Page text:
Buying a home can be both exciting and stressful but, for those with past credit problems, the process may also seem intimidating.  The good news is that many lenders have adapted to the idea that many hopeful homeowners simply need a second chance, which means that past credit problems no longer have to define your future.

Credit Blemishes

When life unexpectedly takes a turn for the worst, it’s not always possible to come out without a few bumps and bruises.  Every day, people are faced with late or missed credit card payments, mortgage foreclosures, bankruptcy proceedings, auto repossessions and even civil judgments that will affect their credit reports for years to come.  Whether it’s from a job loss, injury or just a simple case of temporary hardship, credit blemishes are often a part of life.  The good news is that they no longer have to prevent you from becoming a homeowner.

Give Yourself A Little Credit

After experiencing a credit problem, most lenders will want to see an attempt to rebuild your credit through a steady payment history with a new account.  This can be accomplished by applying for a credit card and maintaining a responsible use of the account.  If you aren’t approved for an unsecured card, you can always apply for a secured credit card.  Either will rebuild your credit over time and will help to show lenders that your past credit problems are just that – in the past.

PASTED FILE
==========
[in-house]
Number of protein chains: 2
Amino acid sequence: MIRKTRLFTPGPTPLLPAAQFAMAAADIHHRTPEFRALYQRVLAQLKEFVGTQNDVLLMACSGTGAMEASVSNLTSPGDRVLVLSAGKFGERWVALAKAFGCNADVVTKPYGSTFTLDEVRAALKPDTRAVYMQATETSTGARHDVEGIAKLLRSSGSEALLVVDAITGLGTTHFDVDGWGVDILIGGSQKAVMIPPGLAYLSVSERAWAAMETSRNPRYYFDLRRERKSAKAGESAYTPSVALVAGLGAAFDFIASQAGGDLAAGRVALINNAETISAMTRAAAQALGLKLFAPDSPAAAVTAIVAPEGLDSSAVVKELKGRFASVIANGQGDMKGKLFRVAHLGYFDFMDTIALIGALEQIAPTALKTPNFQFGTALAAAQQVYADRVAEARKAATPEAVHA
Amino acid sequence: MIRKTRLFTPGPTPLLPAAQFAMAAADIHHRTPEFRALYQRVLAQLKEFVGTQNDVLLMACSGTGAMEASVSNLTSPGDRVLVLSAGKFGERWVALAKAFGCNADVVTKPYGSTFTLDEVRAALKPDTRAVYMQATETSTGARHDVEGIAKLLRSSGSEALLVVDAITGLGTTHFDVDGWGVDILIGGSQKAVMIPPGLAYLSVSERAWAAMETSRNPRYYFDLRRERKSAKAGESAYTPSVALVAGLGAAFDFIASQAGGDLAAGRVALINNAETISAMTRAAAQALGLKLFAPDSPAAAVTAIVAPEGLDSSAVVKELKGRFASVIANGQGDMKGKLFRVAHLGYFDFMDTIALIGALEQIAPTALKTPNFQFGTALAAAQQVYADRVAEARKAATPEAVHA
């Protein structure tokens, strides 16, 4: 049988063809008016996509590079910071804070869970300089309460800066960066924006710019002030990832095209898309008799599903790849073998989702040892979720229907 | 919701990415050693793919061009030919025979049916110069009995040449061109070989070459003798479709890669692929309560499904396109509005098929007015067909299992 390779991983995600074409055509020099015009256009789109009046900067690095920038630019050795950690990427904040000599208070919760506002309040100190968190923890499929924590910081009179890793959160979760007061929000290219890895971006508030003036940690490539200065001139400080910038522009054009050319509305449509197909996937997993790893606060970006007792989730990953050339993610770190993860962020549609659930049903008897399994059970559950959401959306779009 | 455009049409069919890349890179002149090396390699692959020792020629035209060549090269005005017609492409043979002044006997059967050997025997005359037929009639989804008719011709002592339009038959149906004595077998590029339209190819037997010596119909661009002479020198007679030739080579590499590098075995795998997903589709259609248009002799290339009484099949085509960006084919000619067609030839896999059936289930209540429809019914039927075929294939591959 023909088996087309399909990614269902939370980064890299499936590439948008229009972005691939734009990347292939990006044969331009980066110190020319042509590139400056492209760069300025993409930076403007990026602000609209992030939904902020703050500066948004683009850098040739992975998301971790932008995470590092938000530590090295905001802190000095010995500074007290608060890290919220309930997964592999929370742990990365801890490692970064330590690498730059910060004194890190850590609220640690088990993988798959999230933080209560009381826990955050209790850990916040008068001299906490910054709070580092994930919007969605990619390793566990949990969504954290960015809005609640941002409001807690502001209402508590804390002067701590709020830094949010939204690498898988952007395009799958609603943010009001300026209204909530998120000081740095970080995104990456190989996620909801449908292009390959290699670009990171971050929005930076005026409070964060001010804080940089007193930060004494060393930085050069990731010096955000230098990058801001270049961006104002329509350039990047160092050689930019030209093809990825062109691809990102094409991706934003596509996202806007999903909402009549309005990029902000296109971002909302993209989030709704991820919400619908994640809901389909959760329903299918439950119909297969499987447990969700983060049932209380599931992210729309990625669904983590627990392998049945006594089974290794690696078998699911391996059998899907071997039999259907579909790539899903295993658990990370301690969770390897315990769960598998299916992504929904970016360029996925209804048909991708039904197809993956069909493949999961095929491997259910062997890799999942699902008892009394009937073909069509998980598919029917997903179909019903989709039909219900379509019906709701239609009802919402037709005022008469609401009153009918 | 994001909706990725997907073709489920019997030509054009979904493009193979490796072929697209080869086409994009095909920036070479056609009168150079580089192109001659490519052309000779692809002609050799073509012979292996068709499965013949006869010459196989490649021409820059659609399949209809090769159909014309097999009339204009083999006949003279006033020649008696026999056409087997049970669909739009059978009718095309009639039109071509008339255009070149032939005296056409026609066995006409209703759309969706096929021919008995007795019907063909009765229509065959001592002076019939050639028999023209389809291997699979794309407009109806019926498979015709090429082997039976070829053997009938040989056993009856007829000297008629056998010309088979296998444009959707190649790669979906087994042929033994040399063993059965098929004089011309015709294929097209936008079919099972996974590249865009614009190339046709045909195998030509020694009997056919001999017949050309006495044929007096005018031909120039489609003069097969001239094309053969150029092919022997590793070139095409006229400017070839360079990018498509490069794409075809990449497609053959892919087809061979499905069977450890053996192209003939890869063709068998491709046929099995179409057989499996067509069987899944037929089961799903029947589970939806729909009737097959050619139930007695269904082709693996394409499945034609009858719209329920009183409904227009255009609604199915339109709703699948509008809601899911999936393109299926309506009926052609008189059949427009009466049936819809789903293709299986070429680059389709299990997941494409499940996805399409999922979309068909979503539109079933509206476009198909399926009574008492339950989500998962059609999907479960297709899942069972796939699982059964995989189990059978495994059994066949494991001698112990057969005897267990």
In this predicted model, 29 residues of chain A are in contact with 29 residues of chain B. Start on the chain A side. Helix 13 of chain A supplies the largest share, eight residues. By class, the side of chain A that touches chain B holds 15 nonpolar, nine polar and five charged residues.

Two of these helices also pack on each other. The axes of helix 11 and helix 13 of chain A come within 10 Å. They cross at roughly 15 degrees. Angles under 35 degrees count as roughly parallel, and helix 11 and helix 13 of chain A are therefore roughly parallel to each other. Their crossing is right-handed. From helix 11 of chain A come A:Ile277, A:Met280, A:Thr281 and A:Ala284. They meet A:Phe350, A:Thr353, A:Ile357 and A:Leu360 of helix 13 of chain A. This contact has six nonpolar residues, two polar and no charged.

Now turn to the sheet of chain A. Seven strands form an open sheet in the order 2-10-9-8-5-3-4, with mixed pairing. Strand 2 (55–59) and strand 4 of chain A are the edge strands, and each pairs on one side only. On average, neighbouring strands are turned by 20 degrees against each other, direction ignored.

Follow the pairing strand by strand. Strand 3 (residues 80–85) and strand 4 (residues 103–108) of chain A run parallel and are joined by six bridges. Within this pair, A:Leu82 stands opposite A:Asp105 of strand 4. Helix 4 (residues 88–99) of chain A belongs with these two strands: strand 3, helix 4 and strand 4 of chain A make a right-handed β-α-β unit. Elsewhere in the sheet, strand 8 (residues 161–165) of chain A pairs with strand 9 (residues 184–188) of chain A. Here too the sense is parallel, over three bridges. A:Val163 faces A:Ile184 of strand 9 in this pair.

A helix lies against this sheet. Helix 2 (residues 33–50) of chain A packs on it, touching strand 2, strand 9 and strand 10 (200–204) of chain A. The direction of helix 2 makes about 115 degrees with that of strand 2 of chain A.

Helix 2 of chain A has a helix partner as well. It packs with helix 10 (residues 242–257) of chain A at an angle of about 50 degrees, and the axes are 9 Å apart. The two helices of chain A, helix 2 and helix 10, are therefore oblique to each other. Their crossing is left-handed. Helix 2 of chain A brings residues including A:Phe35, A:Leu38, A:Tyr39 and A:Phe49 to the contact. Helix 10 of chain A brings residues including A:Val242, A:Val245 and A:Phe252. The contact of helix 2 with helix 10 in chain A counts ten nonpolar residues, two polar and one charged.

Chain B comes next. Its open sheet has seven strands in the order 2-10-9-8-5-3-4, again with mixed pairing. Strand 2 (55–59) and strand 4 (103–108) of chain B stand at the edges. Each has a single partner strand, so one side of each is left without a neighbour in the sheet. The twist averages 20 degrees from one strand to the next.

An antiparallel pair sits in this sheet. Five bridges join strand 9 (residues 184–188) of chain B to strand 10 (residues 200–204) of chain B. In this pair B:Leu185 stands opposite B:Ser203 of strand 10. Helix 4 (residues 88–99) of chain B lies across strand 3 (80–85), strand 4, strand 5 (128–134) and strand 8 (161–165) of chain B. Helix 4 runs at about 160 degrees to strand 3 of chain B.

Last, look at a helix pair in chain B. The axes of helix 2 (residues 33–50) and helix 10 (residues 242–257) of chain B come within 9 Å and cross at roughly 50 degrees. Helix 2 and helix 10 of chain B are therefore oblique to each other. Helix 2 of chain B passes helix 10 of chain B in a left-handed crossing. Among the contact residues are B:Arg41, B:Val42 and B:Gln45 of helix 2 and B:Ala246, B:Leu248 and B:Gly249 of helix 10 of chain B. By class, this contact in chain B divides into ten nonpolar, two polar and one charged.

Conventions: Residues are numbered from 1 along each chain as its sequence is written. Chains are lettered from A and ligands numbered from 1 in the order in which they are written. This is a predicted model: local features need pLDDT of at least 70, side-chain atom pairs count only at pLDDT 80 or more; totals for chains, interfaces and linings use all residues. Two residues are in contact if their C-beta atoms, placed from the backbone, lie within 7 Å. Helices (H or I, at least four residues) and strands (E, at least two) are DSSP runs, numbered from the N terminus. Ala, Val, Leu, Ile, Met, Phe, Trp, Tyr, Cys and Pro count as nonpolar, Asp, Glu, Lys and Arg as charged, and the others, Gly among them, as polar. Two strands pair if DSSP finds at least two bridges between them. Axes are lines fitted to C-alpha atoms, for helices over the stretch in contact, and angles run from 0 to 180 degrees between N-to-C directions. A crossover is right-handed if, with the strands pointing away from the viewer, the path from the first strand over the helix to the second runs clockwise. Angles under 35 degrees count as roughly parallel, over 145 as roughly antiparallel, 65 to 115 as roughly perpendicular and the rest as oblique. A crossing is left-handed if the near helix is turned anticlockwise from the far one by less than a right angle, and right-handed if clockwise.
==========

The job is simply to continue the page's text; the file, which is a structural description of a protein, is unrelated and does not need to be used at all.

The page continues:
Clean Up Your Credit Report

Before applying for a home loan, make sure that you check your credit report from each of the three major credit reporting agencies.  Every 12 months, consumers can request a free copy of their credit report from Experian, Equifax and TransUnion.  If anything is incorrect or found to be inaccurate, filing a dispute with the credit reporting agency can help to get the information corrected before speaking with a lender.

When you apply for a home loan, the lender will access your credit report for the purpose of determining your creditworthiness.  In an effort to ensure that you have the best possible chance at being approved for the loan at the best possible interest rates, making sure that your credit report is accurate is a must.

Save Up For A Down Payment

Some homebuyers often qualify for a mortgage with down payments as low as five percent (three percent for FHA loans), but those with past credit problems may be required to shell out up to 35 percent or more for a down payment on their new home.  A buyer who pays a larger down payment obviously has more vested interest in the home and may, thereby, be less likely to default on a loan.  If you have past credit problems, check with your lender about specific down payment requirements and start saving!